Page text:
FAQ

Here are a few frequently asked questions.

Why Donate?

Many people wonder why donation is important, especially in the case of infants. Donation can be important on many levels.

  • It provides another opportunity for families to create a legacy for their child who may not live long after birth. For some families, donation adds an extra layer of meaning or purpose to their baby’s short life. It has also helped many in the healing process.
  • Donation can directly save the life of another baby. Many parents find it comforting knowing they have prevented another family from experiencing the same type of grief that they themselves are feeling. They are happy that, although their own child was not able to live, another life was saved.
  • Donation can indirectly save lives by allowing researchers to develop life-saving techniques, procedures, and medicines. In many instances, neonatal organs produce specific enzymes which are only found in the human body for a limited amount of time. The body stops production of these enzymes as it develops. In some cases, having access to these enzymes has held the key to medical discoveries.

Does donation occur while my baby is still alive?

No. When working with neonatal donations, whether the donation is for transplant or research, donation occurs once there has been documented cardiac death and the heart is no longer pumping. (In some adult donation cases, a patient is kept on life support equipment while specific organs are recovered; for example: one kidney, one lung, or a partial liver. Once this first step of recovery is finished, the adult is taken off life support equipment. When a natural death has occurred, the recovery team will go back and recover the rest of the organs which are being donated; for example, the second kidney, the second lung, and the heart. This process is NOT used in neonatal donation.)

Will my baby need to be put on life support or intubated to participate in donation?

This depends on the type of donation. For tissue donations for transplant, as well as organ/tissue donations for research, the answer is no. If there will be an organ donation for transplant that has been pre-determined by your local organ procurement organization, life support may be needed. This will need to be discussed in detail with the local OPO.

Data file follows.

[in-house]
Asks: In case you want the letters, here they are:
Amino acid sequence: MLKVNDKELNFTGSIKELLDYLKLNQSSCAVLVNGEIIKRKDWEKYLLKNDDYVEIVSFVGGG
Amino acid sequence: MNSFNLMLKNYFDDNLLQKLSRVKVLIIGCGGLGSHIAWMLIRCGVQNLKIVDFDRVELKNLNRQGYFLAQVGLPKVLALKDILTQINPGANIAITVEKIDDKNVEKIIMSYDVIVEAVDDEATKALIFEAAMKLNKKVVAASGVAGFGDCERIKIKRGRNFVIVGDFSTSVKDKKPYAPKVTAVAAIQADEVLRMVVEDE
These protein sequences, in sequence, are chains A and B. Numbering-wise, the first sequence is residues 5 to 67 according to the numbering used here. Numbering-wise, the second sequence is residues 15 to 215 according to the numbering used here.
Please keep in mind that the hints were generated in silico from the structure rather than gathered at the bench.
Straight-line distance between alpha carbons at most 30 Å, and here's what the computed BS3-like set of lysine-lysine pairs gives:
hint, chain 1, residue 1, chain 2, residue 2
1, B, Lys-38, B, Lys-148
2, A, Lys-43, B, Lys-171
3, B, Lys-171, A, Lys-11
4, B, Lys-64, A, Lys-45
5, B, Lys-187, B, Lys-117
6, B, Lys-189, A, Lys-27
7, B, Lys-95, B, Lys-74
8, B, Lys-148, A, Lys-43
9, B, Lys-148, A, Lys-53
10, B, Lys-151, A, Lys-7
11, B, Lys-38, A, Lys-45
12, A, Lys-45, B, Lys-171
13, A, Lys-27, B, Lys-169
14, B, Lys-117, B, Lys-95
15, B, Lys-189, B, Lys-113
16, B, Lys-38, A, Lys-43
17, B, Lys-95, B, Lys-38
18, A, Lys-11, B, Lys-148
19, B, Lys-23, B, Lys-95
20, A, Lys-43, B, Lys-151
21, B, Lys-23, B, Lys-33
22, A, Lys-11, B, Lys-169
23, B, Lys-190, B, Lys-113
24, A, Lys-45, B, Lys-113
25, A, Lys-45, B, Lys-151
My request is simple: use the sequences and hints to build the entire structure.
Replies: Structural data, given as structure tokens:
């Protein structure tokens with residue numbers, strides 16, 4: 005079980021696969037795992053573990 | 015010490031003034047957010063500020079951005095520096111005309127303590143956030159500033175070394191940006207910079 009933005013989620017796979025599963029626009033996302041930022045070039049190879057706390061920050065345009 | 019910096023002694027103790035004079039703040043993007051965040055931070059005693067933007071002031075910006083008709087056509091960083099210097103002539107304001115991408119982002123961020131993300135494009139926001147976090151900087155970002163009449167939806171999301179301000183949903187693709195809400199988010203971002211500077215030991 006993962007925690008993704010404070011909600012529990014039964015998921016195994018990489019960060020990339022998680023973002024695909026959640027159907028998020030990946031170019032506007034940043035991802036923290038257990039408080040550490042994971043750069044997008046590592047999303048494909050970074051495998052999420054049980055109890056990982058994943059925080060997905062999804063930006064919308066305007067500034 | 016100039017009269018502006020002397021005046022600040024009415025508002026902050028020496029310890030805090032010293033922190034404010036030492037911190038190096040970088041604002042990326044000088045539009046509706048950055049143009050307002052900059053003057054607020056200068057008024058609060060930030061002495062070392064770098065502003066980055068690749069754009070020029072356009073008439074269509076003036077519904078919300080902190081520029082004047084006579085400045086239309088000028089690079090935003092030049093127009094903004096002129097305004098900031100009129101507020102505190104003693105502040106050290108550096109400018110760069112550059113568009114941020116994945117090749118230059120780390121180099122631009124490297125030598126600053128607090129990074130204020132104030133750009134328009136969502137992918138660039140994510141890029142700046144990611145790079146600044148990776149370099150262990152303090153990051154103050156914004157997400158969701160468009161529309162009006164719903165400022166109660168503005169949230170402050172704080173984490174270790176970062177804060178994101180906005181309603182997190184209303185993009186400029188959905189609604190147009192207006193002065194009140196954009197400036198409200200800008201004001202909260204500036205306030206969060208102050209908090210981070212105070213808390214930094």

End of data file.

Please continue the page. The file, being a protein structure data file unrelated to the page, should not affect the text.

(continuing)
What gestation age does my baby need to be in order to participate in donation?

This depends on the type of donation and what state you live in. If you are donating organs or tissue for transplant, most states require your baby to be a minimum of 36 weeks gestation to donate (please check with your local OPO for rules in your state). If you are donating organs/tissue for research, each researcher has different rules on the gestation age per the research needs, but typically, lower gestation ages are accepted. Currently, 24 weeks gestation is the youngest gestation age being used. Please have your OPO check with IIAM (International Institute for the Advancement of Medicine) to learn specifics about what current gestation ages researchers are accepting.

If my baby passes away in utero, can he/she still participate in donation?

Sometimes. This will depend on when your baby has passed and how soon they are born once death has occured. With any donation, recovery needs to take place in a specific window of time. If the baby has passed away in utero and a specific time of death was able to be established, and if the baby is born with enough time to meet the time requirements for recovery, then yes, they should be able to participate in donation. You will need to speak with your local OPO to learn more about laws in your state.

Can my baby participate in multiple types of donation?

Yes, as long as your baby meets all the requirements and there is a donation need. For example, if you donate heart valves for transplant, it may also be possible to donate other organs or tissues for research (depending on the current needs).

If I donate for research, will I be told what the organs will be used for?

Typically yes, you will be told the general goal or purpose of the research being done with the donated organ or tissue. Once donation has occurred, you are not guaranteed to receive any follow-up information on how the donation was specifically used. However, the organization who places your donation will often go above and beyond to help you learn more about the use of your gifts, if you desire. In rare cases, researchers are even willing to write letters or give follow-up information to the family directly, but this is not the norm.